"I've gotten an e-mail every day from him this week just telling me to really not take this opportunity for granted," Slater said. "He played 20 years and only played in one Super Bowl.

"You realize, this is why we all play the game. Everybody's been brought here for games like this, to win games like this. He keeps telling me, 'You can't let anything come between you and what you have to do on the field on Sunday. Be extremely focused.' Obviously that message has been echoed around here all week. He knows what's at stake. I know what's at stake. We all do."

Patriots cut ties with Cassius Marsh, sign Eric Lee to help front-seven


Patriots cut ties with Cassius Marsh, sign Eric Lee to help front-seven

Cassius Marsh was brought to New England to help a depleted defensive end group and play in the kicking game. The Patriots wanted him badly enough that they parted with two draft picks -- a fifth and a seventh -- to acquire him in a trade with the Seahawks just before the start of the season. 

Less than three months later, they've decided to part ways with the 6-foot-4, 245-pounder. 

Marsh played in nine games for the Patriots this season, providing the team with an edge defender and someone with special-teams experience. He blocked a kick in Week 7 against the Falcons that earned him an enthusiastic attaboy from coach Bill Belichick.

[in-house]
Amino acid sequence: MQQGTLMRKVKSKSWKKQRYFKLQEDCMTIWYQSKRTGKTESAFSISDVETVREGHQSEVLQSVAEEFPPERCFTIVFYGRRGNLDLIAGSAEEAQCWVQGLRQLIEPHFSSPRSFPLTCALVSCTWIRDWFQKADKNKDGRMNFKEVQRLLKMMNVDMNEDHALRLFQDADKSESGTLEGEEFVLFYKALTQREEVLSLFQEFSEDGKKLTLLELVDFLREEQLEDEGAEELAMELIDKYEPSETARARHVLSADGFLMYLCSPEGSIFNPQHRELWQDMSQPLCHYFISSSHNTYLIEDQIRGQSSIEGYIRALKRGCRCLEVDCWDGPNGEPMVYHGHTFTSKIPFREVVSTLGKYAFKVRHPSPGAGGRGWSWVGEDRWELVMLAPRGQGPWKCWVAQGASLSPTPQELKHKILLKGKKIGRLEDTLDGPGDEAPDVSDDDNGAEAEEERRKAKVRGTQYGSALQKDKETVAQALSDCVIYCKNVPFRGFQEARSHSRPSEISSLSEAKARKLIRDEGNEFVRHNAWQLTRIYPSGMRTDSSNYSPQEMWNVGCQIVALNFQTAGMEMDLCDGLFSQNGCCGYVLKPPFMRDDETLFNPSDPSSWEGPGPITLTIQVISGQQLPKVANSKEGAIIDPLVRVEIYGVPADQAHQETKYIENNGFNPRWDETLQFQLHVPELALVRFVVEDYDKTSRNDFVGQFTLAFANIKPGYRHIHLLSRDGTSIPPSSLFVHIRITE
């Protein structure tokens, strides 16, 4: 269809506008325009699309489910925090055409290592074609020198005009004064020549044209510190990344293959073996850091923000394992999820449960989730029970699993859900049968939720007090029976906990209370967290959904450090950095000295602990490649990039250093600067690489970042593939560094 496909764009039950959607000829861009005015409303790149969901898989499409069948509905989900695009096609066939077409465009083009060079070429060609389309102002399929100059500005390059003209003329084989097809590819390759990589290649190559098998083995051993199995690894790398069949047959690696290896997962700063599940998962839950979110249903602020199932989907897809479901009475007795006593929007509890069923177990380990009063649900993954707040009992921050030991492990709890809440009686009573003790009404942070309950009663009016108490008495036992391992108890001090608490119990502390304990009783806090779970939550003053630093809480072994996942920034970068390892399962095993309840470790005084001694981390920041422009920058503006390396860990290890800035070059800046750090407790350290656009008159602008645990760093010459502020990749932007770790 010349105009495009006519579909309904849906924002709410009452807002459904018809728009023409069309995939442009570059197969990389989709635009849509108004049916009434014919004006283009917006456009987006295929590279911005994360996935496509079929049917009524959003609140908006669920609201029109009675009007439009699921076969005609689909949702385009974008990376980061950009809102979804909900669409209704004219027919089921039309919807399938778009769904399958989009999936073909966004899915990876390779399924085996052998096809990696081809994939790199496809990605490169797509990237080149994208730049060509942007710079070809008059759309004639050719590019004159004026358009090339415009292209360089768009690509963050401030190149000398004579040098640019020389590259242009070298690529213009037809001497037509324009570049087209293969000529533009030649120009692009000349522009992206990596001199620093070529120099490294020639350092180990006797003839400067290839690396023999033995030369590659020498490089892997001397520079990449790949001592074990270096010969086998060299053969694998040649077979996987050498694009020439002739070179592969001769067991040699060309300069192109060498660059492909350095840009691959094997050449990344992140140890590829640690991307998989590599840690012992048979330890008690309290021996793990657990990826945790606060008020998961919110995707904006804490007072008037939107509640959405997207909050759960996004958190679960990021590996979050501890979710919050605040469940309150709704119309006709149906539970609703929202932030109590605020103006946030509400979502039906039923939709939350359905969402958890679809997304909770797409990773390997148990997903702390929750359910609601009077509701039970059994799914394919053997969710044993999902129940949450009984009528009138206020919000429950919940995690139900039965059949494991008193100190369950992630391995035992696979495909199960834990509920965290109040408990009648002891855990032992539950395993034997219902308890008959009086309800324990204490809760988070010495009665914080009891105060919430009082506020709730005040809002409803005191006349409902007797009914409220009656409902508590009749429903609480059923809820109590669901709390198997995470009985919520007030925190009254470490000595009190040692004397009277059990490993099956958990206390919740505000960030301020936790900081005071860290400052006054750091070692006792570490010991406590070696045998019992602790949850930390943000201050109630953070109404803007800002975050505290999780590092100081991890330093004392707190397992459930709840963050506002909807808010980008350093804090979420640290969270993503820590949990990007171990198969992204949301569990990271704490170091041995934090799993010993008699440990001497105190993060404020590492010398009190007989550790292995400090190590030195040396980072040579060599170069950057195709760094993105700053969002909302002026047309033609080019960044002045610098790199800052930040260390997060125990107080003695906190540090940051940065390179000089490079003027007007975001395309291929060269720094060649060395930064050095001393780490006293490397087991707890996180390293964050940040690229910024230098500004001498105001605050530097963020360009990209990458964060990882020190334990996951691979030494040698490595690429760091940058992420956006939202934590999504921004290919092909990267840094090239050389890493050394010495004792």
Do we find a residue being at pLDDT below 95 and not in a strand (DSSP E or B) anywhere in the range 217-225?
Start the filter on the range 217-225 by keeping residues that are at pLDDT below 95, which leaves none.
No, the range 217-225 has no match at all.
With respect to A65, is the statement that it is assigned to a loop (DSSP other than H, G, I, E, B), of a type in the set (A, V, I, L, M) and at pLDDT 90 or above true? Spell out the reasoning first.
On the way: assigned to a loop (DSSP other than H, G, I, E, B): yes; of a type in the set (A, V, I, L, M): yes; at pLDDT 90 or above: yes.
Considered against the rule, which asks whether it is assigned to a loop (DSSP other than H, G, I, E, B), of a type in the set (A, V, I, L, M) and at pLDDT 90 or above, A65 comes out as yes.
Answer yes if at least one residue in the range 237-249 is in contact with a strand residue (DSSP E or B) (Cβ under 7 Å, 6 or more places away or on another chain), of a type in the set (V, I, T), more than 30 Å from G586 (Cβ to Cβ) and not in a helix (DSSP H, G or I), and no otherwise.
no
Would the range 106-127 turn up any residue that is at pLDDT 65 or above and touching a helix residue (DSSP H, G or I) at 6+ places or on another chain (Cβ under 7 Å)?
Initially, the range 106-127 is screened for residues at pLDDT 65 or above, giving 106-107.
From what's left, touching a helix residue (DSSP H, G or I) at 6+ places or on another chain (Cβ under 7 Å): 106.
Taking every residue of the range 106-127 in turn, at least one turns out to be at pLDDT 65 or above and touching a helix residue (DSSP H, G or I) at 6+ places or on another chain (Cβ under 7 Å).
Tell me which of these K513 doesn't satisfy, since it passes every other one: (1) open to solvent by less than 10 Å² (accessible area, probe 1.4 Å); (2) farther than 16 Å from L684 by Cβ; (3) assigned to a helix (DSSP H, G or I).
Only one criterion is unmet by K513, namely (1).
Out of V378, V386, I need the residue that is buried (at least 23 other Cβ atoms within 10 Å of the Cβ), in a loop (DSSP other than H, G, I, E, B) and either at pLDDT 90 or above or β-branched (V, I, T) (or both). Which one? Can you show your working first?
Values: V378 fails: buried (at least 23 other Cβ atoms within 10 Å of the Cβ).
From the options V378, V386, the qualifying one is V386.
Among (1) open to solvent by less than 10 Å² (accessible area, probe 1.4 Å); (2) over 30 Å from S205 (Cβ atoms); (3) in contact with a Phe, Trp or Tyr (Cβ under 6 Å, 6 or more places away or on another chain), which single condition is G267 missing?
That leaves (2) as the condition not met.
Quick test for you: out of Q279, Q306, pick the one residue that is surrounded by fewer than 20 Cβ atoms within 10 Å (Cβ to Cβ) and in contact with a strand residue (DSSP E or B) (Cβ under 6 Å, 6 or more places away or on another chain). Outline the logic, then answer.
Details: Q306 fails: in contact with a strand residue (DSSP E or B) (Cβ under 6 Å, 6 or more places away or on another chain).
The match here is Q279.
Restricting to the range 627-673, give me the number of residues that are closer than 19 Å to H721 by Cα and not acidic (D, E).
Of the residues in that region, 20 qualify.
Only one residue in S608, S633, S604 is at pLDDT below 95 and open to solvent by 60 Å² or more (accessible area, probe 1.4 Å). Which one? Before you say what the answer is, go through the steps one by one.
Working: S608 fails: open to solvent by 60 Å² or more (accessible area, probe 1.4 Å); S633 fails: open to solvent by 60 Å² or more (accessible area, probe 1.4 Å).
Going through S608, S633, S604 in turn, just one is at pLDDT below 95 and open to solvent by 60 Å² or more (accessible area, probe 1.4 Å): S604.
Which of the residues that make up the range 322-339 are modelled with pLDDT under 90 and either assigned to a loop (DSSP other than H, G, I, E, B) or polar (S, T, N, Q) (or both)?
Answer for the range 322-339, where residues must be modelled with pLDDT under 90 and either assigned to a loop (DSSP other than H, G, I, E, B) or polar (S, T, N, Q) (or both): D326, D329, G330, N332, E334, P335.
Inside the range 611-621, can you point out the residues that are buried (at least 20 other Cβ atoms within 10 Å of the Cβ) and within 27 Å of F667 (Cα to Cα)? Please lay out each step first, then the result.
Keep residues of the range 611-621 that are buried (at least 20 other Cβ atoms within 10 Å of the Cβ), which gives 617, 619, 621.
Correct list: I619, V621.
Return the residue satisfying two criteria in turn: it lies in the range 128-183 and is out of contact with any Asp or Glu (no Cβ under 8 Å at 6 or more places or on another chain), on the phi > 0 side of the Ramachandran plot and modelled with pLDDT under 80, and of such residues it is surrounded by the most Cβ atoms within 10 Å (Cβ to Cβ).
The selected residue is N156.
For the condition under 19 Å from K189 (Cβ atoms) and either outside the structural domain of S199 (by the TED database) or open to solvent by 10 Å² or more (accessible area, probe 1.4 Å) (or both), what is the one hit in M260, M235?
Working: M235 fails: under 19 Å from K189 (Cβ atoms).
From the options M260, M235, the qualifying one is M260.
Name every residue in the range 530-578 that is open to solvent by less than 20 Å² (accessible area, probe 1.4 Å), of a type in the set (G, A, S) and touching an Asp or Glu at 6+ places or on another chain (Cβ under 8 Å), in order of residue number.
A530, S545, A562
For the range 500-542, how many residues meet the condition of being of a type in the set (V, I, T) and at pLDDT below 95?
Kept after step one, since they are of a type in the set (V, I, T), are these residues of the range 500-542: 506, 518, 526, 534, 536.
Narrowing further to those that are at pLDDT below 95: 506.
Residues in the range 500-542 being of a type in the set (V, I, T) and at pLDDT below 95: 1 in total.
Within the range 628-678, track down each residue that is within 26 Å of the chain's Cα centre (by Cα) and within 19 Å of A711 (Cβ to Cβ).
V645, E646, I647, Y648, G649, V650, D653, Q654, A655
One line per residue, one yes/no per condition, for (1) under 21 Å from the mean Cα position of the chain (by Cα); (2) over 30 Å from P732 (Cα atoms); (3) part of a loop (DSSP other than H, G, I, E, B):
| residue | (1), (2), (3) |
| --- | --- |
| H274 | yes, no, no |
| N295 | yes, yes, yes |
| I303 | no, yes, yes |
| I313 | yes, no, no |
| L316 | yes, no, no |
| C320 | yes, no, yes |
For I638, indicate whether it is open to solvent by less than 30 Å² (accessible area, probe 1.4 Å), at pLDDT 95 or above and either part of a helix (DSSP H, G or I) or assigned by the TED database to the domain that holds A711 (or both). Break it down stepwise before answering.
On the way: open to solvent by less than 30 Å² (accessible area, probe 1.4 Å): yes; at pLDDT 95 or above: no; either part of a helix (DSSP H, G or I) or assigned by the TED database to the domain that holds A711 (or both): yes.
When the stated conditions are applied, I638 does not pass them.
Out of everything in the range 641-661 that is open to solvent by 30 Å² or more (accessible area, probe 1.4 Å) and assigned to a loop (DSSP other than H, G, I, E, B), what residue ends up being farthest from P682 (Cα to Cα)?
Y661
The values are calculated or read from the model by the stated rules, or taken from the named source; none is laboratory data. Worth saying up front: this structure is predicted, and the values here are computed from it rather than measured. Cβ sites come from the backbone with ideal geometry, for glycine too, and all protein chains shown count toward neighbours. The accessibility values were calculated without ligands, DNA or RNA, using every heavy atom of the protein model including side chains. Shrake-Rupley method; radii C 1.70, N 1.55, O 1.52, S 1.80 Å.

Coming off the edge, Marsh recorded one sack and 13 hurries. Against the run, he was used more sparingly, and he was one of the Patriots on the scene for Marshawn Lynch's 25-yard run in the second quarter on Sunday. He played in just two snaps in Mexico City after missing the previous week's game in Denver due to a shoulder injury. 

Without Marsh the Patriots remain thin at defensive end. In order to help bolster that spot, the corresponding move the Patriots made to fill the open spot on their 53-man roster was to sign defensive lineman Eric Lee off of the Bills practice squad. 

Lee entered the league with the Texans last season as an undrafted rookie out of South Florida. Listed at 6-foot-3, 260 pounds, Lee has bounced on and off of the Bills practice squad this season since being released by the Texans before this season.

The Patriots got a good look at Lee during joint practices last summer with the Texans at The Greenbrier in West Virginia. In the preseason game with the Texans that week, Lee played 40 snaps and according to Pro Football Focus he had two quarterback hurries. The Patriots have a history of snagging players they've practiced against, and with Lee, that trend continues

Bruins still holding out on a goalie decision for Devils game


Bruins still holding out on a goalie decision for Devils game